defined, the starry-eyed optimists among us see whatever
they wish to see in the Internet. At some point, though,
the Internet will crawl into focus; it will not be all
things to all people.
I don't know what this focal point will be, but let's
explore two simplistic alternatives based on a single
polarity: let's assume that either the Internet culture
will embrace the techie-nerd culture that dominates
computer gaming, or it will reject it. Again, this is a
simple polarity, but it clarifies our reasoning. Because
if the Internet settles down to an on-line manifestation
of the techie-nerd universe, then its entertainment will
be a clone of the existing techie-nerd world of computer
games == in which case computer gaming will not be changed
by the Internet.
On the other hand, if the Internet becomes populist,
mainstream rather than techie-nerd, then conventional
computer games will fail on the Internet just as surely as
they have failed to penetrate society at large, and the
computer gamers will retreat into their own little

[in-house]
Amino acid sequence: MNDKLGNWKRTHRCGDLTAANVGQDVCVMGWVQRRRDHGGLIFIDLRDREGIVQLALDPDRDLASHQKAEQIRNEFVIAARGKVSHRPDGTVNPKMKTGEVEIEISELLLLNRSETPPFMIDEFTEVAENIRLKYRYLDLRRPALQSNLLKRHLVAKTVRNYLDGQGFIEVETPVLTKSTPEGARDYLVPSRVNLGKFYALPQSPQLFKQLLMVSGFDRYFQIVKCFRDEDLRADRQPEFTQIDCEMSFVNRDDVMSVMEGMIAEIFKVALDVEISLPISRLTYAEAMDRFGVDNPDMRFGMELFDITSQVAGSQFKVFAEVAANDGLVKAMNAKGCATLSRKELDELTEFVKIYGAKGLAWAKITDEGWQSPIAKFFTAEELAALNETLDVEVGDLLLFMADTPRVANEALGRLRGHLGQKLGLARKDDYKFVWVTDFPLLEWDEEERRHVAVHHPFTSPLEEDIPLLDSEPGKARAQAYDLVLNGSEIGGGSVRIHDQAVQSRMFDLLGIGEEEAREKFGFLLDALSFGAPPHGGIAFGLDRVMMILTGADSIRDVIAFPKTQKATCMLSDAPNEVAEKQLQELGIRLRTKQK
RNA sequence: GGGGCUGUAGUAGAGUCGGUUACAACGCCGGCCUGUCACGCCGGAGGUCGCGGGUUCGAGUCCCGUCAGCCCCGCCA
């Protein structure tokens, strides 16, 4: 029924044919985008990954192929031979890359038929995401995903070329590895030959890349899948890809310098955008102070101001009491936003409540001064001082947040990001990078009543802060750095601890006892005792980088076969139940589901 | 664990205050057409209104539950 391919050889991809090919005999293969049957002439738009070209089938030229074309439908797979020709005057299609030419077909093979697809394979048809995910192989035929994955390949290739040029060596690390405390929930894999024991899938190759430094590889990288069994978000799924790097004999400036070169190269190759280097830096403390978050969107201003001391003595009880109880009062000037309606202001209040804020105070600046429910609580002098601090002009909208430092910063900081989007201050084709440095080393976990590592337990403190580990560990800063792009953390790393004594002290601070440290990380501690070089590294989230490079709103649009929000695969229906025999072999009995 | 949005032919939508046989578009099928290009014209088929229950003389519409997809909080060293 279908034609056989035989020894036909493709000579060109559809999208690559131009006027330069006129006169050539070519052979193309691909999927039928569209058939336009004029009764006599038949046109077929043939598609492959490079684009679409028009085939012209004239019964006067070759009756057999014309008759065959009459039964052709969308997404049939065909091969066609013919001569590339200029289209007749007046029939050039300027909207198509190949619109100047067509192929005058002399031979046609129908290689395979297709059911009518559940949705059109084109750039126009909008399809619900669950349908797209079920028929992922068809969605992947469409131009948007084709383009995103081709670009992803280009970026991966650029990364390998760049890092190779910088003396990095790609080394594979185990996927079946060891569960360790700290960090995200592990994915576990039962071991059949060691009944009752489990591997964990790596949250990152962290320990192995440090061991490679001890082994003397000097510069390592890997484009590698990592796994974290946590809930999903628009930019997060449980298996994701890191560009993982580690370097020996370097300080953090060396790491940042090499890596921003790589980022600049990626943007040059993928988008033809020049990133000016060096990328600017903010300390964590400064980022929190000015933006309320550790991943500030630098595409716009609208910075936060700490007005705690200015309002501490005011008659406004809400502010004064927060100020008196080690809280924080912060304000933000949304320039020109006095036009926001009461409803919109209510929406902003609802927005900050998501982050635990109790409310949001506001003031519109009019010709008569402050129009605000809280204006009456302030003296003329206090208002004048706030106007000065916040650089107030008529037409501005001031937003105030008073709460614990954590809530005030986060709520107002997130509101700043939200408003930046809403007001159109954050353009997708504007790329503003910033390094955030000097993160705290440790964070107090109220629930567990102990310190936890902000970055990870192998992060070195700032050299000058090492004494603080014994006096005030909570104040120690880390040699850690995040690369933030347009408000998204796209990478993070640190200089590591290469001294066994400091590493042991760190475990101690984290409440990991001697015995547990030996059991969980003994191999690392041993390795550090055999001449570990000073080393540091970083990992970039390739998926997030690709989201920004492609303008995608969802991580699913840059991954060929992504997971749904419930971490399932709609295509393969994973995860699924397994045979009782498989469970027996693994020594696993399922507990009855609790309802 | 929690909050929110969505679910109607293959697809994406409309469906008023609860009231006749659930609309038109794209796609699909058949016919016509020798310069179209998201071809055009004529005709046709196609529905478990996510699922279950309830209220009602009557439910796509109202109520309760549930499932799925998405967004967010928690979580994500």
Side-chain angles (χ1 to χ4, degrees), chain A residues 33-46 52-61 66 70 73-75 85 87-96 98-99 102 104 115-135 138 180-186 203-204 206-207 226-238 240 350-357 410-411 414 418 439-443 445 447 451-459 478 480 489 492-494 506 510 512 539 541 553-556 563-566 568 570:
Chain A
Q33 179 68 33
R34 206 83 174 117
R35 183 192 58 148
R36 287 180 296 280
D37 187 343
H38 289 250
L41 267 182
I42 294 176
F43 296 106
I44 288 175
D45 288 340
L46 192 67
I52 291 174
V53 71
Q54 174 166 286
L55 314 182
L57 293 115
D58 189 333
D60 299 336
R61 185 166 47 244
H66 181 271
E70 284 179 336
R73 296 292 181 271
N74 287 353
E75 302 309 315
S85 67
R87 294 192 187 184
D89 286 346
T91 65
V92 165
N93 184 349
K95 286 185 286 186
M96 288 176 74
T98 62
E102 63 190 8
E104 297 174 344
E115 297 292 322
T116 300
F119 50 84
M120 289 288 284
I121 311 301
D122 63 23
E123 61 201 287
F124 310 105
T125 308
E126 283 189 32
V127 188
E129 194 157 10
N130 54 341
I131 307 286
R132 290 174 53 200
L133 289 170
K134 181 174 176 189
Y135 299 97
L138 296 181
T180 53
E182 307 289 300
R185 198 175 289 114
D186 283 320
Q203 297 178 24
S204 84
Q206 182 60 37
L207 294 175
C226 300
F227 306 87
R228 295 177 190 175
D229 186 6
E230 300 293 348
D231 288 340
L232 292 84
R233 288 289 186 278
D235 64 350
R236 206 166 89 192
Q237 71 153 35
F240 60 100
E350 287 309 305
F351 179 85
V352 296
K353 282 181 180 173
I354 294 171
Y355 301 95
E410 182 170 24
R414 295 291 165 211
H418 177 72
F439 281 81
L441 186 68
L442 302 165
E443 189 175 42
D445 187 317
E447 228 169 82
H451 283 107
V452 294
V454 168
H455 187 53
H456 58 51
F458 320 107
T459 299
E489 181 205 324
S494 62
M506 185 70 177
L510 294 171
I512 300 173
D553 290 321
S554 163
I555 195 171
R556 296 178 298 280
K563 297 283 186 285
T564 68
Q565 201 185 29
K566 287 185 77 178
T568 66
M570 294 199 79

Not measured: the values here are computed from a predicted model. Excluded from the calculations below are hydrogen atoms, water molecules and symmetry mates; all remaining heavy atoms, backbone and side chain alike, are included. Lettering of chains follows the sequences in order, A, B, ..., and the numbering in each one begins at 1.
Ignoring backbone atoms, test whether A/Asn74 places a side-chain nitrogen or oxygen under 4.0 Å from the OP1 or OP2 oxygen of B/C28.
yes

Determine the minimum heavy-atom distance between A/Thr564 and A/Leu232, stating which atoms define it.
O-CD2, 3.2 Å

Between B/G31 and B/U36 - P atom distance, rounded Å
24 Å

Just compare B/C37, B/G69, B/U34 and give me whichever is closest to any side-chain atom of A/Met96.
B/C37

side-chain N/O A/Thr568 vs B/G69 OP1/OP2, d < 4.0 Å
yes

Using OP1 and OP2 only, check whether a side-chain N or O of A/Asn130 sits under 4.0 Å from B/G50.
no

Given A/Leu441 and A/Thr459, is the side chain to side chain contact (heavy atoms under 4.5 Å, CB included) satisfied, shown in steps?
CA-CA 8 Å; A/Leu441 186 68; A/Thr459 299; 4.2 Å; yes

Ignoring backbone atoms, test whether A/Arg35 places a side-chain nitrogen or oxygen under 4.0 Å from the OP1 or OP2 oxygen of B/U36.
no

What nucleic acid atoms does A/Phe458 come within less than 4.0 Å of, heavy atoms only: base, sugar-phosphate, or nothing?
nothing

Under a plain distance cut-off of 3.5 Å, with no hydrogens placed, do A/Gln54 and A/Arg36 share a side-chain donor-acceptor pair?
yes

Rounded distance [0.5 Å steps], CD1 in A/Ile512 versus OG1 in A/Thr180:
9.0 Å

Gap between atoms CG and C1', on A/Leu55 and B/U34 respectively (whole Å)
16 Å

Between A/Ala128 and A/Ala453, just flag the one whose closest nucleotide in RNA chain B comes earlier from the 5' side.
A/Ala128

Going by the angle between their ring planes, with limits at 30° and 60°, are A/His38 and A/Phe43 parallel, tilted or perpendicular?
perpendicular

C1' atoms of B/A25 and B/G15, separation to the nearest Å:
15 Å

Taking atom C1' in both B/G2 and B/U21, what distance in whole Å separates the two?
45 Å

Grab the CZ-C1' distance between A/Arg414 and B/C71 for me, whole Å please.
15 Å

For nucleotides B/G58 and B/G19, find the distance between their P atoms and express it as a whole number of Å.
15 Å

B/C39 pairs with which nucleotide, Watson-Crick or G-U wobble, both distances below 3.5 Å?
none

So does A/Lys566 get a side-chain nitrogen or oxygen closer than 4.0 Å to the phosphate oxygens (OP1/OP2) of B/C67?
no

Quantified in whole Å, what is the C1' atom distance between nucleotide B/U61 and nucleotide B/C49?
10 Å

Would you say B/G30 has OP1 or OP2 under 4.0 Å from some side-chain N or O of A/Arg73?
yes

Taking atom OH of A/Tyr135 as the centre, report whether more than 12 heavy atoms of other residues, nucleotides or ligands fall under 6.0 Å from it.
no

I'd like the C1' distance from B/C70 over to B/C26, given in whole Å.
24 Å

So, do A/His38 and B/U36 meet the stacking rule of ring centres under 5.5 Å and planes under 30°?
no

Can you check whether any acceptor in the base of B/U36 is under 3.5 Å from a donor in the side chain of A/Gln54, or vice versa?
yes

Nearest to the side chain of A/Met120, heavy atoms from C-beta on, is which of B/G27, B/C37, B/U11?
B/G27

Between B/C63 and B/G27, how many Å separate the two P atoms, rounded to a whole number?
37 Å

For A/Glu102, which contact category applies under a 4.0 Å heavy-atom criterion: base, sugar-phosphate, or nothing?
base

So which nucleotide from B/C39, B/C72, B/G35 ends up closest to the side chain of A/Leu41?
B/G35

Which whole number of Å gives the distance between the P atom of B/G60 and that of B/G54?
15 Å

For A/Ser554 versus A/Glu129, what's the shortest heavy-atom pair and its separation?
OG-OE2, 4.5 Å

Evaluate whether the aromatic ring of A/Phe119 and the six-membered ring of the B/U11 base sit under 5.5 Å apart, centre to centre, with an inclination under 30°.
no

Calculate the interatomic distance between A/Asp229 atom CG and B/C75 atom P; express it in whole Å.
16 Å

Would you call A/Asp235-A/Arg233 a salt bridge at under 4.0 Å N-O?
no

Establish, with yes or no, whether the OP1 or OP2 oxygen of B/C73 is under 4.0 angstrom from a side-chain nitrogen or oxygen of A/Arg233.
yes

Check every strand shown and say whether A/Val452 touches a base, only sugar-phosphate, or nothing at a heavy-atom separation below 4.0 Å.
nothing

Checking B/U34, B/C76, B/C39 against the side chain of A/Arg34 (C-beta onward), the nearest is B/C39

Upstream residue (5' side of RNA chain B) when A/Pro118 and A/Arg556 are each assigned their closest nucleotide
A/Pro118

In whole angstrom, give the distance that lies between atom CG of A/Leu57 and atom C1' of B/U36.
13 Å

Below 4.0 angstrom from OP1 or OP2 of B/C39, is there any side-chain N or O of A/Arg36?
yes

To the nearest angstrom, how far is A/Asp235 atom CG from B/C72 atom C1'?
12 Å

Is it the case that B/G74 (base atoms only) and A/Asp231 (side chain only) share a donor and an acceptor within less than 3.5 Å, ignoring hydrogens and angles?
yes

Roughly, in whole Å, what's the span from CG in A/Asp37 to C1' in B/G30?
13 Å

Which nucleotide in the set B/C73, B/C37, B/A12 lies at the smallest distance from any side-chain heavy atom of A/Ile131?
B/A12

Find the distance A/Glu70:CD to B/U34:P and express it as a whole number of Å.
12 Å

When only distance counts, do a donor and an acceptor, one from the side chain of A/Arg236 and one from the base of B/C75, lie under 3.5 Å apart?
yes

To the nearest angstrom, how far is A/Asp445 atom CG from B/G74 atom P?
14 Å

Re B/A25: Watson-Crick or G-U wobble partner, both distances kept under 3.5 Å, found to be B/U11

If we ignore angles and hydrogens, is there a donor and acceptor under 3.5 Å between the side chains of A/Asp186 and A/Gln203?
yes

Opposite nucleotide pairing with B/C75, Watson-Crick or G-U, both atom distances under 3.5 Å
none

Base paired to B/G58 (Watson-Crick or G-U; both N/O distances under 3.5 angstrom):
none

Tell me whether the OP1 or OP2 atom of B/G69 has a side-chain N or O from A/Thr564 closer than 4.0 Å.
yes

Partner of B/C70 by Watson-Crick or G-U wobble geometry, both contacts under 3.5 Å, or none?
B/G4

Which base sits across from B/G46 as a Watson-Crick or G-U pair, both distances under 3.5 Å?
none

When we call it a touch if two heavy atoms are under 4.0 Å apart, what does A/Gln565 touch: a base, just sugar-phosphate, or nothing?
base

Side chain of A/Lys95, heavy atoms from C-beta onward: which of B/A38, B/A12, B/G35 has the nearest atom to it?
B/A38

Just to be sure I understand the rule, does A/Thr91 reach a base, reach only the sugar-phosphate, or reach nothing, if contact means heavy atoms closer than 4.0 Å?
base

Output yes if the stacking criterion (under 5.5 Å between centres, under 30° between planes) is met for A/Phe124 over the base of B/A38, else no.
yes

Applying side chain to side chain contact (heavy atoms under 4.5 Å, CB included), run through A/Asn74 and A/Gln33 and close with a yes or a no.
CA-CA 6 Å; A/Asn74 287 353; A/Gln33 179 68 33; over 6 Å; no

hobbyist enclave the same way they've done with standalone
Either way, we come to the same conclusion: the
Internet is not going to change the nature of computer
gaming. A dying man can change hospitals, but it won't
change the outcome.
Some will point to the multi-player aspect of the
Internet and argue that this is the revolutionary
socializing factor that will change the face of gaming.
Until now games have been solitary experiences, attracting
asocial nerds and repelling the more socially adept. The
Internet will change all that, they say, attracting a new
type of player, thereby enabling a whole galaxy of new
There is merit in this argument, but I think it must
take a back seat to the larger cultural issues surrounding
the use of the Internet. I really don't think that large
numbers of people will make their decision to participate
in the Internet solely on the basis of the games available
there. Ultimately, the Internet will develop a culture,
and this overarching culture will dictate the style of
games that will be commercially viable.
In other words, the availability of fine multi-player
games will not attract large numbers of "normal" people to
join an otherwise "techie-nerd" culture. If, by my
previous argument, the Internet instead becomes a medium